Presentation Title: Iron- and Manganese-Depositing Cold-Seeps: Mineral Formation Along A Freshwater To Marine Ecosystem at Soda Bay, Alaska Discipline: Environmental Science: Geomicrobiology School: Oregon Health & Science University Student Level: Ph.D. Presentation Type: Oral Presentation Abstract: Iron & Manganese Depositing Cold-Seeps: Mineral Formation Along A Freshwater To Marine Ecosystem At Soda Bay, Alaska 1,2 1 3 1 3 2 Wendy F. Smythe , Melanie Kadake , Sean McAllister , Richard Davis , Craig Moyer & Bradley Tebo . 1 2 3 OHSU-CMOP, OHSU-IEH, Western Washington University.
Soda Bay is a pristine low-temperature iron and manganese-depositing ecosystem in Southeast Alaska. Groundwater fluids, supersaturated with dissolved minerals, are transported through fissures of a massive limestone deposit. These fluids are discharged from cold-seeps at the surface forming large mounds. X-ray absorption near edge structure (XANES) mapping shows that seeps are dynamic carbonate rich environments where both reduced and oxidized forms of iron and manganese minerals coexist. Inductively coupled plasma (ICP) analysis indicates that seep fluids are enriched in both CO2 and high concentrations of dissolved Fe (> 1mM) and Mn (> 100ÂľM). These reduced metals may provide fuel for metal-oxidizing chemolithoautotrophic microbes. As fluids flow from their sources, CO2 is out gassed, pH rises, and metal oxidation becomes more thermodynamically favorable, increasing the potential for abiotic oxidation and making it more difficult for microbes to compete with chemical reactions for chemical energy. Preliminary evidence from molecular analyses indicates an abundance of metal-oxidizing microbes and the potential for chemolithoautotrophy within microbial communities. Ultra high-resolution scanning electron microscopy (UHR-SEM) shows close microbe-mineral associations and suggests microbial dissolution of carbonate minerals. Our goal is to better understand the diversity of metal oxidizers, their contribution to overall mineral formation, and geochemical controls dictating why Feoxides dominate in the high flow system while Mn-oxides dominate in the low flow system.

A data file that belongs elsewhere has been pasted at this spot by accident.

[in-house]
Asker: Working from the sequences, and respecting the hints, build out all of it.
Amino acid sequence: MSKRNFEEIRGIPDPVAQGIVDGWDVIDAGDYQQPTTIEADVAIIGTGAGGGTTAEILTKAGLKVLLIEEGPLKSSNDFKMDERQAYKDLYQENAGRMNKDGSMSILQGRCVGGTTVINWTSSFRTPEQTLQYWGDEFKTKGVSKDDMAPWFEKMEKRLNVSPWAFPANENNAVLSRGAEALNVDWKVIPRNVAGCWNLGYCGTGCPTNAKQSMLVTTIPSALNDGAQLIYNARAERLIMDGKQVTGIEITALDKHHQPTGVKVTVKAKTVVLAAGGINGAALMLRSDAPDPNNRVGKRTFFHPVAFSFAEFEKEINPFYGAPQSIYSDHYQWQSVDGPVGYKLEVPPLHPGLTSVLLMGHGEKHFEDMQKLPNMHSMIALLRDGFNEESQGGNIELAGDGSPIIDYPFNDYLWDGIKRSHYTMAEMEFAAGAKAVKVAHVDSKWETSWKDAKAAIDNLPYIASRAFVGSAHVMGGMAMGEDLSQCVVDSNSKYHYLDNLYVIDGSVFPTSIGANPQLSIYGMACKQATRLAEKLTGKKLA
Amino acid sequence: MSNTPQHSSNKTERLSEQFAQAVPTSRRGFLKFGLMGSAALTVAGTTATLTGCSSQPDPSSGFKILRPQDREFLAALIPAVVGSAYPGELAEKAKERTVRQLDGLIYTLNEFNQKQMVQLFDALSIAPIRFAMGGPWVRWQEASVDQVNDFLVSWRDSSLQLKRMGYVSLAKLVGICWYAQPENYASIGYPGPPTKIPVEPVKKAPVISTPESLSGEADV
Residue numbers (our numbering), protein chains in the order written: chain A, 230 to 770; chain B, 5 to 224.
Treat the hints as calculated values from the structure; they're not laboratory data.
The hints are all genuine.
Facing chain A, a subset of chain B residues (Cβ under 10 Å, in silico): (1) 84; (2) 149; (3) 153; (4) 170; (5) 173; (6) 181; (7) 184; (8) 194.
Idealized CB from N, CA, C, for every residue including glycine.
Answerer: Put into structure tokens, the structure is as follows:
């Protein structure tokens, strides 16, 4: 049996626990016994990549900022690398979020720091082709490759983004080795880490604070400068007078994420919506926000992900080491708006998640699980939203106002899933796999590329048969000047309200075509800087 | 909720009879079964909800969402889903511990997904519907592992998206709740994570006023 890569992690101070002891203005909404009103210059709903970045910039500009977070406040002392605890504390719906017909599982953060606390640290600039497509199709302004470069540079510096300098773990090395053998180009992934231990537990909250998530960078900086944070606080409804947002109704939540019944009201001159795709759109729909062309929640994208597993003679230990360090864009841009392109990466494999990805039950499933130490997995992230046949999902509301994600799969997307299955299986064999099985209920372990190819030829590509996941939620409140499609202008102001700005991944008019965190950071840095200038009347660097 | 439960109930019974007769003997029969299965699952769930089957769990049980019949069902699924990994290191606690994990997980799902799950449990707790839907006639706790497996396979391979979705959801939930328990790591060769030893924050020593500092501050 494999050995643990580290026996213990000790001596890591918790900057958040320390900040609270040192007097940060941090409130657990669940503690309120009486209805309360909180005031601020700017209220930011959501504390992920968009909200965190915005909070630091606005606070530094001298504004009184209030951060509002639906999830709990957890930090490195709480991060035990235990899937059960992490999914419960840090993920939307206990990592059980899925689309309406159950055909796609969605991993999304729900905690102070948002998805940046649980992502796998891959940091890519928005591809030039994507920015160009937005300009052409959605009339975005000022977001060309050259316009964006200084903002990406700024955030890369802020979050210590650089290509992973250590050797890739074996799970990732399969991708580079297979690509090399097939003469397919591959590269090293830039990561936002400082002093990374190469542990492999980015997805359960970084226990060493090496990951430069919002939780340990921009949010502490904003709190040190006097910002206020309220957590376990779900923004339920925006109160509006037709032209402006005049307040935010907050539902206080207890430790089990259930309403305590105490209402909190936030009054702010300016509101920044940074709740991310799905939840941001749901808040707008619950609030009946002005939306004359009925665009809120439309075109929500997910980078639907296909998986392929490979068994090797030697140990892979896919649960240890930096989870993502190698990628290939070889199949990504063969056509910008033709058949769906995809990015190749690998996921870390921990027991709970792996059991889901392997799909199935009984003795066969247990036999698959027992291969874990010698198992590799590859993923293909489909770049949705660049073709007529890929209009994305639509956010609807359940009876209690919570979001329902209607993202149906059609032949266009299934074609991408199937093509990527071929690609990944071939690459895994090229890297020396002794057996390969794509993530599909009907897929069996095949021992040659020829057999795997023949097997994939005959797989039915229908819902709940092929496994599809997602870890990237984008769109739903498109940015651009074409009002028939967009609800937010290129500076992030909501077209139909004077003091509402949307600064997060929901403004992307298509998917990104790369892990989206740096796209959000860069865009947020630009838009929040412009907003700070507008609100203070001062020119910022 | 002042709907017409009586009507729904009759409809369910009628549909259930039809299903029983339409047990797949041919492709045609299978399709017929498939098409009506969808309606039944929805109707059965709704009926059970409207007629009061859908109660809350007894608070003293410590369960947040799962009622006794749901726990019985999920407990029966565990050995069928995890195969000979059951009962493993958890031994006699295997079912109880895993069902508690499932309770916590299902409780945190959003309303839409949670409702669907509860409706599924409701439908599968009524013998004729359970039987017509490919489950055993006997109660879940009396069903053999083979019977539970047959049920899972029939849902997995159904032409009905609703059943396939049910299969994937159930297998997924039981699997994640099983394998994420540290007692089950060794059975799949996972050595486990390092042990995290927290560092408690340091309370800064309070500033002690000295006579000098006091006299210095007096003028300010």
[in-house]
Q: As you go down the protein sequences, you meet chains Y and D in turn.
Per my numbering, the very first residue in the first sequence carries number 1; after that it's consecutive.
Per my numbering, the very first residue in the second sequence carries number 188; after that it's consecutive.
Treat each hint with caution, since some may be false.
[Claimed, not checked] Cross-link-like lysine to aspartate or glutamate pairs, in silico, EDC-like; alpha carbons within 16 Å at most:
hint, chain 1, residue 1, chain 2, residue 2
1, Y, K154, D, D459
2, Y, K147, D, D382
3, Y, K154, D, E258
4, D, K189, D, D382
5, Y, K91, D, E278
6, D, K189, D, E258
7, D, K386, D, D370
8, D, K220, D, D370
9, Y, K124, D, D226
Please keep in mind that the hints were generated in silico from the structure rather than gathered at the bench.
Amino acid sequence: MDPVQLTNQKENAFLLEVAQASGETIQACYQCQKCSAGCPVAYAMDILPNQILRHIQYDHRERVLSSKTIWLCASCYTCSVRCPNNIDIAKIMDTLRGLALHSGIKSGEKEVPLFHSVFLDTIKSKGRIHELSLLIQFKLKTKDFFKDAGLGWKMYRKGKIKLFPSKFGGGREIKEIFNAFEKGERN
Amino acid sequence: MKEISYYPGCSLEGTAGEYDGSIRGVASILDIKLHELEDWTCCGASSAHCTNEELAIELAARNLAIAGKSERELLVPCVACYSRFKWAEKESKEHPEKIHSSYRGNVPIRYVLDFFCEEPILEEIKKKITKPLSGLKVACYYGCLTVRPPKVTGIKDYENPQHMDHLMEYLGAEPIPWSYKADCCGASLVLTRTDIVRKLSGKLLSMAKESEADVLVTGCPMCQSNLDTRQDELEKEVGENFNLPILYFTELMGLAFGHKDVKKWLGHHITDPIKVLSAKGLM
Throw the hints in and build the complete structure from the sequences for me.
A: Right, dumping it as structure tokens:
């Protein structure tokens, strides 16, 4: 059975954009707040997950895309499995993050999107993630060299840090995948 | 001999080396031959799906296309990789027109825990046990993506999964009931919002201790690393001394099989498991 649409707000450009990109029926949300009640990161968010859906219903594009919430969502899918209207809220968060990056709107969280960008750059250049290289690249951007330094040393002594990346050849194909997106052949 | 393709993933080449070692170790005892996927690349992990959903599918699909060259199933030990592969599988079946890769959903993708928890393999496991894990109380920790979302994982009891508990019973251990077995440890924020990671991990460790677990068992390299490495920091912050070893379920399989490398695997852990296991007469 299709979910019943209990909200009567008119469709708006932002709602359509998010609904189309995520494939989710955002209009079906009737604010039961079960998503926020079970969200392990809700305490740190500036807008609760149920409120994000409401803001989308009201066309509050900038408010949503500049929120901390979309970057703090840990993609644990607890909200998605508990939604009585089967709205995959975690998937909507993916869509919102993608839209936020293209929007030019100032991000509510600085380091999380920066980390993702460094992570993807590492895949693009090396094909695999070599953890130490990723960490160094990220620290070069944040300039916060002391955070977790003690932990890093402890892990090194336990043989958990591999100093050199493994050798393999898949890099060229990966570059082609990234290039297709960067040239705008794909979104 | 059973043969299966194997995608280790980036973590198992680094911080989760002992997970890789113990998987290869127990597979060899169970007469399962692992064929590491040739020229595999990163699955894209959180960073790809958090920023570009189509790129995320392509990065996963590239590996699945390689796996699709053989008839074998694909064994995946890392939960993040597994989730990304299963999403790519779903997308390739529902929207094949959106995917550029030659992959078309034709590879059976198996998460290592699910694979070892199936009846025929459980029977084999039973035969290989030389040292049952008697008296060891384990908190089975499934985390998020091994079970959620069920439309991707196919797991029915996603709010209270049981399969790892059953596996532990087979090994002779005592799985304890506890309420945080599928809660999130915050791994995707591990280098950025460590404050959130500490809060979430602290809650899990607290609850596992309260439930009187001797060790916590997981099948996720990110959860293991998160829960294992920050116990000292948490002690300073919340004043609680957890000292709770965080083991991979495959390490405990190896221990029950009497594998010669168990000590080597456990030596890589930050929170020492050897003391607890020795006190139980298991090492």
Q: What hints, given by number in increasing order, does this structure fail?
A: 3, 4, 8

Presenter: Wendy F. Smythe Tribe: Haida Primary Email: firstname.lastname@example.org Biography Wendy Smythe, an Alaskan Native of the Haida Nation, is a PhD candidate at OHSU-CMOP; she is also an NSF Graduate Research Fellow. Her research focuses on bacteriogenic manganese mineral formation in extreme environments. She studies manganese minerals and associated microbial communities from a hot spring in Yellowstone National Park, a submarine volcano at Loihi Seamount, and cold-seeps along Soda Bay River. She is also the Co-I of two NSF funded Geoscience Education Proposals focusing on incorporating traditional ecological knowledge into geoscience education.
Published on Oct 20, 2011
Published on Oct 20, 2011
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